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lexico
14-01-05, 20:10
海 [umi; G. kai; K. kai] "sea" has phonetic 每 [G. mai; K. bai] "always; (graph) woman with head-dress."
/kai/ and /mai~bai/ are quite different in the initials, although they rhyme.
What is the cause of this discrepancy?
Possible histories of 海 readings are;

1. old reading /*hmai/ characters diverging into two classes of /hai/ and /mai/ characters.

2. old character reading of 澥 (< 解 [G. ke, ge; K. kai]) "sea of Bohai" being inherited by 海
when it replaced the older Warring States character 渤澥 > 渤海.

In the second case, the Japanese interpretive reading /umi/ may be preserving the Archaic reading of 海.
Even that Archaic word may have been borrowed into the Chinese language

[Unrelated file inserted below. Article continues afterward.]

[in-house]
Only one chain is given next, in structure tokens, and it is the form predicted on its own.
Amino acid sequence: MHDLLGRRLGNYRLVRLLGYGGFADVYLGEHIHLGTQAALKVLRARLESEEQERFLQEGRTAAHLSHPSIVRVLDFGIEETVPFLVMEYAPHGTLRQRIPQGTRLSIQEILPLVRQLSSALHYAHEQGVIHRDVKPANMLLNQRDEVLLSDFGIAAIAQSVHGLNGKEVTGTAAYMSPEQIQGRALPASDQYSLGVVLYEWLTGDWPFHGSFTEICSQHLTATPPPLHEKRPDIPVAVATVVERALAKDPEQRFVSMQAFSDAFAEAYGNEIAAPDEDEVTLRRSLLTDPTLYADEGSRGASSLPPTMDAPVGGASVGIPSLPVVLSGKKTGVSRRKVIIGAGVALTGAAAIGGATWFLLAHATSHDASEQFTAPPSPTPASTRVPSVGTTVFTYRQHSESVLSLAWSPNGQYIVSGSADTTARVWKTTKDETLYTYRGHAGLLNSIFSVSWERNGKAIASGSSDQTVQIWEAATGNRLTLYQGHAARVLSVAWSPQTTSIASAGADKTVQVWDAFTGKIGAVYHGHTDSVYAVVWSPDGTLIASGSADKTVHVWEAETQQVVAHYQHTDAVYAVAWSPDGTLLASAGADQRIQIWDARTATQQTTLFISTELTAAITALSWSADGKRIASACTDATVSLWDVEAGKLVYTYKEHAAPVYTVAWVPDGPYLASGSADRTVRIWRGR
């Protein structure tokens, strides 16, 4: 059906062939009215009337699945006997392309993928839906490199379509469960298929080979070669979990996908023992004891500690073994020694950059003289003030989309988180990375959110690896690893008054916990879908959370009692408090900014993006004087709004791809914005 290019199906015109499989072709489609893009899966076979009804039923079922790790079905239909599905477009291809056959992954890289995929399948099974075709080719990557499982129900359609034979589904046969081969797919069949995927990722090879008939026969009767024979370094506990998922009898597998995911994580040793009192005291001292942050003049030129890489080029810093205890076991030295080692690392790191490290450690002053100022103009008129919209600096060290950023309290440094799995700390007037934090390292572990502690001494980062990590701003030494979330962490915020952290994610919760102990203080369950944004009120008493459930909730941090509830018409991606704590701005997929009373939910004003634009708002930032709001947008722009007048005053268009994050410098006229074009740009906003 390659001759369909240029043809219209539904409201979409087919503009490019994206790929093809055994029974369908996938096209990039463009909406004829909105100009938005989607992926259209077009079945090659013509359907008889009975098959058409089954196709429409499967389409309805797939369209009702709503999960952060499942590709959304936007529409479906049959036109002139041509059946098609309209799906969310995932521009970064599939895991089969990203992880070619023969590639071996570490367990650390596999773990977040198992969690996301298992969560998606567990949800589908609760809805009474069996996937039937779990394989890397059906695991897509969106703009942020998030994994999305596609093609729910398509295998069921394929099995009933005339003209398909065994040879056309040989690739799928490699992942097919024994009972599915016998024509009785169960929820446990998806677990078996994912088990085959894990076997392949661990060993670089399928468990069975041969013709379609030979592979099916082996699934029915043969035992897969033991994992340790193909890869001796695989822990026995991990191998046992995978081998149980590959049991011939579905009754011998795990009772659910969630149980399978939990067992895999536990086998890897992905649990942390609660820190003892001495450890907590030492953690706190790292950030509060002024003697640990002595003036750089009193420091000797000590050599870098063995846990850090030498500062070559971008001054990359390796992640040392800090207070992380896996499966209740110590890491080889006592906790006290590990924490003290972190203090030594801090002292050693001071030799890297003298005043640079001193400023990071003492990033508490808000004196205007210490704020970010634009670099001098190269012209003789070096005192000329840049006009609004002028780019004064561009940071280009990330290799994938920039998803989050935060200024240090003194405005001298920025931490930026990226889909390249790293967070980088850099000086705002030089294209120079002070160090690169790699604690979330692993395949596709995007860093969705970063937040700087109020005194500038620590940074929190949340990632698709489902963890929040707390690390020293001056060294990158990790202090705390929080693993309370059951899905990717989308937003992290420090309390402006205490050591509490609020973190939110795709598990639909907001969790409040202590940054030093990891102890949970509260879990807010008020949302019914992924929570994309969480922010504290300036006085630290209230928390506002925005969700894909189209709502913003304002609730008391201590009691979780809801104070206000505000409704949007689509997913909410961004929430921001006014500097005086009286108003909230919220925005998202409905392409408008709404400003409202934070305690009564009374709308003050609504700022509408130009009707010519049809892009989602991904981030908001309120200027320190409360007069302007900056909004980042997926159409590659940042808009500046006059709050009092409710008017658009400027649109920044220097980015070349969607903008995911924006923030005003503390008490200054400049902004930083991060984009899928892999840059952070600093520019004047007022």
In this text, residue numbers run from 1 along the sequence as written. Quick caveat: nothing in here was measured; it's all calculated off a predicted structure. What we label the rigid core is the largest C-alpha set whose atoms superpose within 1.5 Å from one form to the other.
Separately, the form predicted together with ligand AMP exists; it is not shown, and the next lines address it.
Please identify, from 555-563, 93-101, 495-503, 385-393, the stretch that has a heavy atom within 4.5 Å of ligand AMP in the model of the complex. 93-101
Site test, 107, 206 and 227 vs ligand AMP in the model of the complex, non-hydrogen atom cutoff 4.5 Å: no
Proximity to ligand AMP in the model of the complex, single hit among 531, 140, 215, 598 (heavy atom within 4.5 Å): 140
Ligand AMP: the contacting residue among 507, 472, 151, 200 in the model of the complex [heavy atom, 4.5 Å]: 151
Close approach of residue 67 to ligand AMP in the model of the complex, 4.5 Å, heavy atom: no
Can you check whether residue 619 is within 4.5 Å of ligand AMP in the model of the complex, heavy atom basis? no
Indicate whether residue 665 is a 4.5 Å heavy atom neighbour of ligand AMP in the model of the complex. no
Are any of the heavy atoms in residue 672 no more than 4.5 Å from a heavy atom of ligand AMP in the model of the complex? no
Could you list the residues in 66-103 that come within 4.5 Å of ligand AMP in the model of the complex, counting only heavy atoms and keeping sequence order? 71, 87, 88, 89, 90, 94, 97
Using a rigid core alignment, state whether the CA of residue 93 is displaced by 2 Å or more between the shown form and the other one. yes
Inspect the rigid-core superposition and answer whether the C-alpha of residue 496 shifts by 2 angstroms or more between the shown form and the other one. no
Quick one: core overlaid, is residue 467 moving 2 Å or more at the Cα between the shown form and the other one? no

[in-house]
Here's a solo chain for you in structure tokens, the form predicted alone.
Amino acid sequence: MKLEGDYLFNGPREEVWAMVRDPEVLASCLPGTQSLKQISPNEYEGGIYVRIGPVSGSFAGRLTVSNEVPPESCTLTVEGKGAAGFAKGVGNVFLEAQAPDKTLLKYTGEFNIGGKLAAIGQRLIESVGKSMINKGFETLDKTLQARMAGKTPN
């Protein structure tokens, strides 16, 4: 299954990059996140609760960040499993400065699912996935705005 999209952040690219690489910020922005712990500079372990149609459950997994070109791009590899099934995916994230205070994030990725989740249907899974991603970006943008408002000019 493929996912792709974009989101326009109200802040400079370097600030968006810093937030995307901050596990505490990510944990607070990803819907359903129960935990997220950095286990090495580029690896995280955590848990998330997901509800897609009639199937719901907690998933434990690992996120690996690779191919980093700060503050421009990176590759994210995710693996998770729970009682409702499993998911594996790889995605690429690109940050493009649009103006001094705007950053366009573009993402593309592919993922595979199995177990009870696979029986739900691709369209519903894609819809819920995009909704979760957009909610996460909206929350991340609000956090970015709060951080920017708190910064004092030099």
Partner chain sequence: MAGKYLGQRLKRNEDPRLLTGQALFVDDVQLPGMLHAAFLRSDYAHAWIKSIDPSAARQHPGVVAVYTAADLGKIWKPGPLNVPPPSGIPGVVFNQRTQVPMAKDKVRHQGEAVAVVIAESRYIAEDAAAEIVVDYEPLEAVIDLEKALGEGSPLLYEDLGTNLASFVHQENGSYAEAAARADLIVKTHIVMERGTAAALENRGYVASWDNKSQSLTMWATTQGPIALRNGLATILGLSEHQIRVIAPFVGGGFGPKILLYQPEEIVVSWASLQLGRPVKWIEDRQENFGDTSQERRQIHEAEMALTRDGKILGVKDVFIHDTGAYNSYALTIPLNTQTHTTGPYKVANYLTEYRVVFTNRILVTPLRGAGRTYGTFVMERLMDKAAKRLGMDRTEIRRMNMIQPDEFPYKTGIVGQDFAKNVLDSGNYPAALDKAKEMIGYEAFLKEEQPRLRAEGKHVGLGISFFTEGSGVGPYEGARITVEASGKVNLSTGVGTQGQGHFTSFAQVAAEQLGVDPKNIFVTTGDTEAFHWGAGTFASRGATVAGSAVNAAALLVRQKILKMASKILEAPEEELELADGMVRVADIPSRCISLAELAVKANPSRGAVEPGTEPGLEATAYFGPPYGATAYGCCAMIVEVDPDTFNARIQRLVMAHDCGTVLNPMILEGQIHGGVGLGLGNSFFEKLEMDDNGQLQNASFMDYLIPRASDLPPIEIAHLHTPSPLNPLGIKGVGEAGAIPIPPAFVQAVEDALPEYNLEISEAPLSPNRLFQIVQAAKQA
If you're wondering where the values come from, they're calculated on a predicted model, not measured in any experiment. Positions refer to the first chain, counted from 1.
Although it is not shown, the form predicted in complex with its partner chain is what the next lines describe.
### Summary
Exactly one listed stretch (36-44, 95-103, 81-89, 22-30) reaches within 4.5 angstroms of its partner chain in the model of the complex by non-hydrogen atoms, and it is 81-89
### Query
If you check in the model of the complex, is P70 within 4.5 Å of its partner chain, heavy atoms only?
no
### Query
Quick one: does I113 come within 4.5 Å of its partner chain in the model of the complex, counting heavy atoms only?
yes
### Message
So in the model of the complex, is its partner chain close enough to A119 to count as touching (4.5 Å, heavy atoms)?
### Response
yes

from the language of an unknown sea-faring people, non-Chinese in origin.

Have you seen a kanji with a suspicious phonetic or reading?

lexico
15-01-05, 19:53
About 80% of all kanji, styled semantic-phonetic compounds 形聲字, are supposedly made of two components.
For example, 江 [e, kawa; kou] "river" has two components, the phonetic of which denotes the reading of the compound kanji 江.

semantic component 氵[mizu; sui] "water, (graph) stream."
phonetic component 工 [takumi; G. ku; K. kou] "craft, craftsman, (graph) anvil."

In this example, the /kou/ reading of 工 explains the /kou/ reading of 江.

Another example; 河 [kawa; G. ga; K. ka] "river" has

semantic component 氵[mizu] "water"
phonetic component 可 [gushi; ka] "spit, wick, (graph) hand-ax."

Here the /ka/ reading of 可 explains the /ka/ reading of 河.

This is by no means a perfect system. Traditional classifications have in some cases failed to properly identify the phonetic aspect of some kanjis. I've found a couple of counter-examples, but anyone who has started learning one's kanjis can discover more, I believe. Therefore in this thread, I'd like to invite all of you to contribute any odd kanjis that you think is hard to explain by the book. Any kanji is welcome, by the way. :-)

lexico
15-01-05, 21:25